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Verizon Frontline to Gather and Share UAS Data With NOAA

NOAA needs aerial mapping at a level of detail that it can’t get today, but a drone partnership with Verizon Frontline will give them the data they need in hours instead of days to forecast and monitor storms.

rural road in Florida bordered by trees and power lines with a tornado touching down in the background
Adobe Stock/Wollwerth Imagery
The National Oceanic and Atmospheric Administration (NOAA) is tasked with forecasting future storms to alert the public and provide information to emergency management personnel so they can keep communities safe.

But NOAA is only as good as the data it has, and that part of the equation just got easier with a partnership with Verizon Frontline, which will use its capacity to fly uncrewed aircraft systems (UAS), also known as drones, to gather data and use its network to get it to NOAA quickly.

According to Erik Rasmussen, NOAA research scientist and chief of field observing facilities support in Norman, Okla., NOAA needs UAS storm damage footage to improve its knowledge in several areas.

“Wind speeds and patterns in tornadoes at the ground are not well understood,” Rasmussen wrote in an email to Emergency Management. “Since tornadoes often travel across rural areas that are inaccessible or poorly surveyed, the UAS imagery can be very beneficial. Where tornadoes do impact structures, the UAS imagery can be useful to augment NOAA damage surveys.”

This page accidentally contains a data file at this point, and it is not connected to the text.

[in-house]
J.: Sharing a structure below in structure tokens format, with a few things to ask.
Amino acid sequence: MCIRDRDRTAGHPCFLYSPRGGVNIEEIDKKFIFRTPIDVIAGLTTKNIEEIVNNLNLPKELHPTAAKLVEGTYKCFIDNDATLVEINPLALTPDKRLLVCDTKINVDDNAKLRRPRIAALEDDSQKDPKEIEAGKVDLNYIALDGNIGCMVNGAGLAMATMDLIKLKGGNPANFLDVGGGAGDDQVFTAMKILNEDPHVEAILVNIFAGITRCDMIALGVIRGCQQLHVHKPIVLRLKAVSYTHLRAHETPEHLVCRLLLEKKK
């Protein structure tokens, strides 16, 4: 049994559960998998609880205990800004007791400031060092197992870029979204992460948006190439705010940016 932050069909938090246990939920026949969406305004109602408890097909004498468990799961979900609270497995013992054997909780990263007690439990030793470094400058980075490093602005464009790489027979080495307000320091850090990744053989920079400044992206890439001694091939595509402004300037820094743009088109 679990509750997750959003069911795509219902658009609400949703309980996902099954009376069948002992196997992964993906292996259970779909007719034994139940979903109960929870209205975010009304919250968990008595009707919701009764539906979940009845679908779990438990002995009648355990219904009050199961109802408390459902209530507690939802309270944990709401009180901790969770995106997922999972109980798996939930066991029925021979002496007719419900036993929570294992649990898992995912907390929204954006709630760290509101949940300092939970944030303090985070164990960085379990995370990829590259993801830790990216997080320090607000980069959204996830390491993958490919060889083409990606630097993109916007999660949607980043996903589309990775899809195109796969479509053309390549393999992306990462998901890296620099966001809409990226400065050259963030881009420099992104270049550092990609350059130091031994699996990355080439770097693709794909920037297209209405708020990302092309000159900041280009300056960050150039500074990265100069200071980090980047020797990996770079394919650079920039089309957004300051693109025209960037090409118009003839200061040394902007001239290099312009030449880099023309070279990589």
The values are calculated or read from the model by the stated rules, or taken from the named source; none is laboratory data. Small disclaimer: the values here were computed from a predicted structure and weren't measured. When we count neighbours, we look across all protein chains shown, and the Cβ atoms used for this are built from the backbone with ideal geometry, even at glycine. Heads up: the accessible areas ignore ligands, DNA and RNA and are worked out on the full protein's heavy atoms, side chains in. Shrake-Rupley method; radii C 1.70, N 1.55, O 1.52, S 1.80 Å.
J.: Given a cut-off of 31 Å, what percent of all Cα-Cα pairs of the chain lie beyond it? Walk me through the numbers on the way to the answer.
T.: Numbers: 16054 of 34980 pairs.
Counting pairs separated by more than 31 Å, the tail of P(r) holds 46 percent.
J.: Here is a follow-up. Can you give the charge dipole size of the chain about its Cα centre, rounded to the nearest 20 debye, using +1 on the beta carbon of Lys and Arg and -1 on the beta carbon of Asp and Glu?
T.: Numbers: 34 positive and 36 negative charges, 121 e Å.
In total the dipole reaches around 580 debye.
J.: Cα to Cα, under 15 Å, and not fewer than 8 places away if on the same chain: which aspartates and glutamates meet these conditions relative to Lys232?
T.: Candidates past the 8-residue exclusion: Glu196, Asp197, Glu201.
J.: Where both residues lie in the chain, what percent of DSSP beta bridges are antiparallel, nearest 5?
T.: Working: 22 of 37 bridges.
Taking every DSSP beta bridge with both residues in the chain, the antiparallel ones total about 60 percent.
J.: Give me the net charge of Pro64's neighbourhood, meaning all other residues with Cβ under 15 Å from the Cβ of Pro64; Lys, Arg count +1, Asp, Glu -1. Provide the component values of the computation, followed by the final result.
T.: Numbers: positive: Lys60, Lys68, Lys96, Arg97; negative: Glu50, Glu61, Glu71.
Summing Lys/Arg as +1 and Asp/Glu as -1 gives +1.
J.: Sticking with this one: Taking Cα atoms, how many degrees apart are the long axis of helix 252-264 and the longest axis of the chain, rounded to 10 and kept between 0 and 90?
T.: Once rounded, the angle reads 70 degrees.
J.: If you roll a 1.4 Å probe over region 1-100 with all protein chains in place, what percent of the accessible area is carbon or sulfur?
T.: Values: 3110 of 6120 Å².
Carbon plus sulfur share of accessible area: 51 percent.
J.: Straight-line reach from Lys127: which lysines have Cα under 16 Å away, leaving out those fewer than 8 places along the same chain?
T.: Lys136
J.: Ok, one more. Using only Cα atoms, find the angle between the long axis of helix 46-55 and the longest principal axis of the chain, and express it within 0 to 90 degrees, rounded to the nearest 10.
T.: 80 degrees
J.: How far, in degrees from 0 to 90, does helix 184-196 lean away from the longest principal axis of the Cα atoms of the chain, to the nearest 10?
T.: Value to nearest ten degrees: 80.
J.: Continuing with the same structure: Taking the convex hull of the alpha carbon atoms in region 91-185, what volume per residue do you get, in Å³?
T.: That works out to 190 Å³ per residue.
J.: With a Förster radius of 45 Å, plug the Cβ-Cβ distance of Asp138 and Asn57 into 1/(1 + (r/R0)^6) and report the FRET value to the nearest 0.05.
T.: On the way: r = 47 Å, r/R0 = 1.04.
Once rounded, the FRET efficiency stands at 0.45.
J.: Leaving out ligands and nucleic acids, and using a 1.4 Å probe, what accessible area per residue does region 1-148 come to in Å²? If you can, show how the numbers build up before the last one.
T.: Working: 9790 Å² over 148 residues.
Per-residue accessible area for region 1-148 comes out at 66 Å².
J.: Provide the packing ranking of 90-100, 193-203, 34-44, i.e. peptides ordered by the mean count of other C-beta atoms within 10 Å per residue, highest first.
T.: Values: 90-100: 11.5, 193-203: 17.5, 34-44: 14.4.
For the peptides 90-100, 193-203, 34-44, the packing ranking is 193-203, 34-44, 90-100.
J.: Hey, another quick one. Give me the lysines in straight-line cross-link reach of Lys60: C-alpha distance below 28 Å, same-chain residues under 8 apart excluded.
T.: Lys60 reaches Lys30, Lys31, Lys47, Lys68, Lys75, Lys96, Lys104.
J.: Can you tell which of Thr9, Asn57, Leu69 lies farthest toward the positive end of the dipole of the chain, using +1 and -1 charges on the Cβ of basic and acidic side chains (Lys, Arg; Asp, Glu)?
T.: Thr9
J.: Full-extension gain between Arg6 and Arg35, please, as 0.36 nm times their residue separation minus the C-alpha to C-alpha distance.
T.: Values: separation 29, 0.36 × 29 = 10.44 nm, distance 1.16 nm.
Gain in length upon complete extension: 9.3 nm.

After a tornado outbreak, Verizon Frontline can get their aircraft up and flying and provide photogrammetry, or maps based on aerial imagery, in hours rather than days, unlike with the satellite imagery that NOAA is used to getting.

Plus, the UASs remove the challenges of collecting data in remote areas.

“Drone imagery can overcome those challenges, but not every NOAA office has a drone,” said Tim Oram, National Weather Service region headquarters meteorological services branch chief in Forth Worth, Texas. “This project will demonstrate potential future drone imagery partnerships that can enable us to provide more timely damage assessments and conduct our surveys more efficiently.”

The Cooperative Research and Development Agreement was a natural, as Verizon has more than 200 drone pilots on its crisis response team and more than half of them are search and rescue pilots.

“We’re already doing search and rescue and doing mapping and data dissemination and that will help [NOAA] develop long-term plans around what impacting weather can do and how we can mitigate that,” said Earl Struble, associate director of Verizon Frontline Crisis Response Team.

“They’re looking for that photogrammetry at a level of detail that they can’t get today,” Struble said of NOAA. “The problem has been historically when they wanted to capture that data they would have to use what existed from Google Earth, which is grainy, the resolution is not there.”

They fly two different kinds of aircraft, fixed wing and rotary wing. Fixed wing can stay aloft a lot longer and take more photographs; the rotary wing are used for longer-term mapping.

“In the simplest terms, it’s going assist with severe storm damage assessment using that mapping and photogrammetry, and provide that data further on down the line to NOAA’s severe storms laboratory so they can work on early warning signs for tornadoes and hurricanes,” said Chris Sanders of the Verizon Frontline Crisis Response Team.

The imagery will be key to helping NOAA understand what might be happening on the ground when it sees evidence of a tornado in radar data.
Jim McKay is the editor of Emergency Management magazine.